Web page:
From Renaissance music to the Man with the Golden Flute, Sherborne Abbey Festival entertains thousands
Now in its seventeenth season, Sherborne Abbey Festival has attracted record audiences over the early May bank holiday weekend. More than 10,000 visitors to its website during April was an indication that the event would be well supported, and organisers were not disappointed.
Festival Director, John Baker, said “Every year seems to get better for our award-winning festival. With seventeen free events plus world-class performances by international music stars, we are now attracting thousands of visitors to Sherborne from all corners of the UK – and our website tells us we attract interest from all around the world too, offering a major tourist attraction and boost to the local economy”.
Sir James and Lady Jeanne Galway played to an audience of 700 in Sherborne Abbey, accompanied by the Iuventus Ensemble with Ruth Rogers (an OG of Sherborne Girls) showing exceptional talent on the violin. Their repertoire from Mozart, Beethoven and Haydn thrilled the audience, many of whom managed to meet ‘the man with the golden flute’ afterwards, before he retired to The Eastbury Hotel.
Globally-renowned VOCES8, with their eight beautifully integrated solo voices, not only performed From the Cradle to the Cross to an audience of more than 600 in Sherborne Abbey but they also staged a workshop for pupils at Sherborne Primary School earlier in the day.
Yeovil-born and Wells Cathedral School pupil, Andrew Dewar (now organist at The American Cathedral in Paris), performed a repertoire including Bach, Purcell, Vivaldi and Reger in Sherborne Abbey which captivated the large audience watching him play close up on the big screen.
The Festival closed on Tuesday evening with Stile Antico, renowned for their vibrant and expressive performances of music from the Renaissance, presenting The Touches of Sweet Harmony, an enticing programme devised to mark the 400th anniversary of the death of William Shakespeare.
Jazz provided the liveliest events of the season. The Ronnie Scott’s All Stars concert sold out on the day of release for a brief couple of hours the audience was transported London’s famous Ronnie Scott’s jazz club and enjoyed a narrative with real film clips following the club’s colourful history. While Sherborne School Swing Band wowed a packed Powell Theatre with its renditions of popular jazz and swing numbers, demonstrating exceptional musical and singing talent.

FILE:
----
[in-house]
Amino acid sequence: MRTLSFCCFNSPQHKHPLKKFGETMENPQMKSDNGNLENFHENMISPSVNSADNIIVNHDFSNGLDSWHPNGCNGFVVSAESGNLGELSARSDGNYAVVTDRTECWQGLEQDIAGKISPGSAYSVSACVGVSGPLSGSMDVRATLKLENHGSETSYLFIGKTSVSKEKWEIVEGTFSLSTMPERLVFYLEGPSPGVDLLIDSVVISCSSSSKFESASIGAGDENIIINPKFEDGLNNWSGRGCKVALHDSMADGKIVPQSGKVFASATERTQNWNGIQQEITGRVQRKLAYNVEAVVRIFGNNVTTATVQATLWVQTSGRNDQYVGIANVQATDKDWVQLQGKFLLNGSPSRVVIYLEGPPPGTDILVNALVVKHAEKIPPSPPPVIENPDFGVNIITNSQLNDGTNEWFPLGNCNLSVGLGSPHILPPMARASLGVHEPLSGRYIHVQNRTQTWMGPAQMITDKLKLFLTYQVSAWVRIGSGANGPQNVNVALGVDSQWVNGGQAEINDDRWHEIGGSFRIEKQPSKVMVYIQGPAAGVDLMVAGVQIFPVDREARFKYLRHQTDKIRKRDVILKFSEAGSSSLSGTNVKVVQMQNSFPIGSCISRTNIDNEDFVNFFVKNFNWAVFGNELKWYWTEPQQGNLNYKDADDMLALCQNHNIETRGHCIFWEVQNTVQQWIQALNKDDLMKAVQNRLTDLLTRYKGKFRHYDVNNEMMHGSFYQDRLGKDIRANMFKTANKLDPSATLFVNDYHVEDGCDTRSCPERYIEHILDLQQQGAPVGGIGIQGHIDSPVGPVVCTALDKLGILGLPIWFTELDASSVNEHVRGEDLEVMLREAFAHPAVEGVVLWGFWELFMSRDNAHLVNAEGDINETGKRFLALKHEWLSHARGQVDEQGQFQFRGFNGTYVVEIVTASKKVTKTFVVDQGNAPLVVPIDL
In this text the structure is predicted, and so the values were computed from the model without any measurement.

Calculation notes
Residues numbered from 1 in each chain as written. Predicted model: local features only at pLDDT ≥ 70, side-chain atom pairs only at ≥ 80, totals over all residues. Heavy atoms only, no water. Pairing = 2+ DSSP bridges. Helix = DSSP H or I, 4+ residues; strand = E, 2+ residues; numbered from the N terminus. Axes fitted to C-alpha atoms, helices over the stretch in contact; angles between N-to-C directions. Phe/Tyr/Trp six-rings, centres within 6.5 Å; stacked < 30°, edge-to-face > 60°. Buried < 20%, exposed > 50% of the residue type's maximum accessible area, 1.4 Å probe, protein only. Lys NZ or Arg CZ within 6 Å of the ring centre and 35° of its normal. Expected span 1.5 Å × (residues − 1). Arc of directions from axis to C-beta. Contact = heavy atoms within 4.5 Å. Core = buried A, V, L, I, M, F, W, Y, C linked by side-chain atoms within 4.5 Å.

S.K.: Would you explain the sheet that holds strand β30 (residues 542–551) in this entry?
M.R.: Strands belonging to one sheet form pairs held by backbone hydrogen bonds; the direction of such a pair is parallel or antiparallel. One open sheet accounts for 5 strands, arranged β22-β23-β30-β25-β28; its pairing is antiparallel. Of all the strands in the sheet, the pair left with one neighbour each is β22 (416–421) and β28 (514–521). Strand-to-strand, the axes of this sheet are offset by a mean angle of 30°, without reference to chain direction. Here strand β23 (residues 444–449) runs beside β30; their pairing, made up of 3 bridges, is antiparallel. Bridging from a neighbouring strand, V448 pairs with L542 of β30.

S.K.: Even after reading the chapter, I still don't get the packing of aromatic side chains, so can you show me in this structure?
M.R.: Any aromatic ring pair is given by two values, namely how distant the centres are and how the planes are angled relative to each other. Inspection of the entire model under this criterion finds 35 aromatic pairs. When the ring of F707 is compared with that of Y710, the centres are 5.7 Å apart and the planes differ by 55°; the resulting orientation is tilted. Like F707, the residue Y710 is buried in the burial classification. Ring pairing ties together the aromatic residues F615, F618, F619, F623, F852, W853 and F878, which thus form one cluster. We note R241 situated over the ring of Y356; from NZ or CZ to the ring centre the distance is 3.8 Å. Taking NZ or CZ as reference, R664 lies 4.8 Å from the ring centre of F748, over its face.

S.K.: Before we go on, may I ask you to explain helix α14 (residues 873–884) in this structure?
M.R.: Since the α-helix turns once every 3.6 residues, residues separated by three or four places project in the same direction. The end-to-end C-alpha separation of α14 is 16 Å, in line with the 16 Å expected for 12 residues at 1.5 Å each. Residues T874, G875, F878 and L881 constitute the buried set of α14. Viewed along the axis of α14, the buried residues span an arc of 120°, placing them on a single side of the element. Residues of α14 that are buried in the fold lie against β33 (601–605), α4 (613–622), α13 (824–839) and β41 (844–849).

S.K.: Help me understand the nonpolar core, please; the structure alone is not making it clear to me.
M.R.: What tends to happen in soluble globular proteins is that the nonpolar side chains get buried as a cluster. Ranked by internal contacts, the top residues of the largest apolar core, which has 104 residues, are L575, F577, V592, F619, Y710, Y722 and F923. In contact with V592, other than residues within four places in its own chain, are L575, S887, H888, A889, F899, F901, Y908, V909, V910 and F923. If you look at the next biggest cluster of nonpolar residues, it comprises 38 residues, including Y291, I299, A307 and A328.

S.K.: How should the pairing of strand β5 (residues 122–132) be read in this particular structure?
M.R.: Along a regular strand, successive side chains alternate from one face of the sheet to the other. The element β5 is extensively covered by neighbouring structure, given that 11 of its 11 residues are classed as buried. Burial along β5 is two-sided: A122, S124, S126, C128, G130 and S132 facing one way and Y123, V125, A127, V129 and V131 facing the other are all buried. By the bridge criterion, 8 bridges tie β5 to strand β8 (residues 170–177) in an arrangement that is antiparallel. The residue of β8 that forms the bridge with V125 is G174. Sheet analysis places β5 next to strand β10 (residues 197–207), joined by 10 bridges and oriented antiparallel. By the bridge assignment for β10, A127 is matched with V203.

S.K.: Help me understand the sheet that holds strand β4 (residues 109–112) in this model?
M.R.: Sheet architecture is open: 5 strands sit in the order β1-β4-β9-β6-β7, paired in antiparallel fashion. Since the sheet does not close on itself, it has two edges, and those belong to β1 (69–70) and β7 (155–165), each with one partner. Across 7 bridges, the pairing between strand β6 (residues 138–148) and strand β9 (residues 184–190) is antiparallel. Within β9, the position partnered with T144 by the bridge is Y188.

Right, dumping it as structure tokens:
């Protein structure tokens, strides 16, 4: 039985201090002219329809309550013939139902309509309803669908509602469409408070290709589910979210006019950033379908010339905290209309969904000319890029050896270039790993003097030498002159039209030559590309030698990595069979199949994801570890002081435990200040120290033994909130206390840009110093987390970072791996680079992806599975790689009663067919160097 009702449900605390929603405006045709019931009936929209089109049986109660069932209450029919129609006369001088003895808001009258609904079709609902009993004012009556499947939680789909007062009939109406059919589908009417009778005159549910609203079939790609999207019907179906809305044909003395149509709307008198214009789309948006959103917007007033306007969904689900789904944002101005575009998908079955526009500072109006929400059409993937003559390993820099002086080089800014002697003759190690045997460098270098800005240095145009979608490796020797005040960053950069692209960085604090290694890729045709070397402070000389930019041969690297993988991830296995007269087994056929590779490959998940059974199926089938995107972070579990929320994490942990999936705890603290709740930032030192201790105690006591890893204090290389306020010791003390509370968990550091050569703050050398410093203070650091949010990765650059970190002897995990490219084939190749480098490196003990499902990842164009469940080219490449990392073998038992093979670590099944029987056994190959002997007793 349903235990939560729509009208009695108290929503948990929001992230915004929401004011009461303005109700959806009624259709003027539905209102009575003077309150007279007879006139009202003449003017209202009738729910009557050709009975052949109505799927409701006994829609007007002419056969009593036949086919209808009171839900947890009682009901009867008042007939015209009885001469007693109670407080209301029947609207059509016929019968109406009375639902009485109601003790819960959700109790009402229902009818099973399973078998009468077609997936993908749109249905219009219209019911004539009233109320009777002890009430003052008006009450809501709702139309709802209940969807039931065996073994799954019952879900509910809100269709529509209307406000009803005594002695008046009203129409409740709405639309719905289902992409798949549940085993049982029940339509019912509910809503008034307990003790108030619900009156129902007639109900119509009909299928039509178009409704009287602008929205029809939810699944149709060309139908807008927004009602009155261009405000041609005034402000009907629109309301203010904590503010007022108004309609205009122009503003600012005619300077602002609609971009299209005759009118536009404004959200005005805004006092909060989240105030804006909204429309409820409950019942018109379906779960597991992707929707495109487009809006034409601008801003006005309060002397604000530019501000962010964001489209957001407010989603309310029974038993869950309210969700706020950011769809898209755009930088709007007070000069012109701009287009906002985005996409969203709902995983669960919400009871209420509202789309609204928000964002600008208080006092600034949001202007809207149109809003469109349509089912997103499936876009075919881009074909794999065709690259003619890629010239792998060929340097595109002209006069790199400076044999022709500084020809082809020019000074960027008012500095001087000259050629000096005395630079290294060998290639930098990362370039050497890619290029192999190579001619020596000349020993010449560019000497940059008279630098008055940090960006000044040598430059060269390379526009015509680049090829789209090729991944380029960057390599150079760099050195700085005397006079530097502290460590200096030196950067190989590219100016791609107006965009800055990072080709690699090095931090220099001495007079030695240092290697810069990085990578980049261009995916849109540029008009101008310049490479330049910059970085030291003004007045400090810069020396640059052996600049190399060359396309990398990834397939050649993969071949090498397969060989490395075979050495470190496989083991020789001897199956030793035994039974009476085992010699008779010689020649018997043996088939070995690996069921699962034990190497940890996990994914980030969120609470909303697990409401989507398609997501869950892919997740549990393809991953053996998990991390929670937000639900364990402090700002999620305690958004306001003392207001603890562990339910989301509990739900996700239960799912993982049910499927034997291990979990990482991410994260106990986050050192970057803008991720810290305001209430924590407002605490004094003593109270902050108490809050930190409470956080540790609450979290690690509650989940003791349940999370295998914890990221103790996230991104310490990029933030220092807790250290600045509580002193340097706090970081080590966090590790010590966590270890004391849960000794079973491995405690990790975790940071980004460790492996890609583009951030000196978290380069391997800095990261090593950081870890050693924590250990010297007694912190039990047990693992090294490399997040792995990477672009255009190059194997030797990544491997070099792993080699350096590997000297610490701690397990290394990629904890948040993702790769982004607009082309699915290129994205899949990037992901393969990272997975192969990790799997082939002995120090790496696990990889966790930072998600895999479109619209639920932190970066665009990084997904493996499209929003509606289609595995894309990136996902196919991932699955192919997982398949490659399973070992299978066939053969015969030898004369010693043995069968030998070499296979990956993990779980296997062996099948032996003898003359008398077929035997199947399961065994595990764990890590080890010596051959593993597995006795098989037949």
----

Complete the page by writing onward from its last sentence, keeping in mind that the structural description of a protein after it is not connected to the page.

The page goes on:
The Festival includes and encourages young talent from all local schools and this year was no exception. Young musicians and singers skilfully performed jazz, madrigal, choral and chamber ensembles while The Gryphon School and Bournemouth Sinfonietta Choir’s concert Ahoy! Sing for the Mary Rose (a fusion of Tudor-style music and British Sea Shanties) attracted a huge crowd to Sherborne Abbey.
A much anticipated highlight was the performance by Sherborne Festival Chorus, a non-auditioning community-based choir of 140 people, created in 2006 by John Baker on behalf of Sherborne Abbey Festival, to enable and encourage local people to sing to a high standard within an informal environment. Together with The Sherborne Chamber Choir and Chameleon Arts Orchestra they presented an all-English programme featuring twentieth century composers, Vaughan Williams and Howells.
Profits from the Festival not only helps to fund future free events but it creates a charitable fund which continues to support the Abbey Choir and the maintenance of Sherborne Abbey’s organ. This year the Festival also paid for cushioned seating throughout the Abbey, so visitors will find the pews extra comfortable for events and worshipping all year round! Major grants have been given to Sherborne Young Singers and to ex-members of the Abbey Choir to help advance their musical careers, including at the Royal Academy in London and to study opera in Germany.
From improvisation workshops, poetry and close harmonies to salon baroque, madrigals and classical ukulele, the Festival delivered a varied programme with something for everyone. John Baker said “Where to start to compare the breadth of performances over these past five days? Each in its own way outstanding. Globally renowned performers were in a class of their own, while our own home grown talent shone equally bright. For an entirely voluntary run, charitable Festival we really punch above our weight and I’m enormously proud of all we have achieved this year”.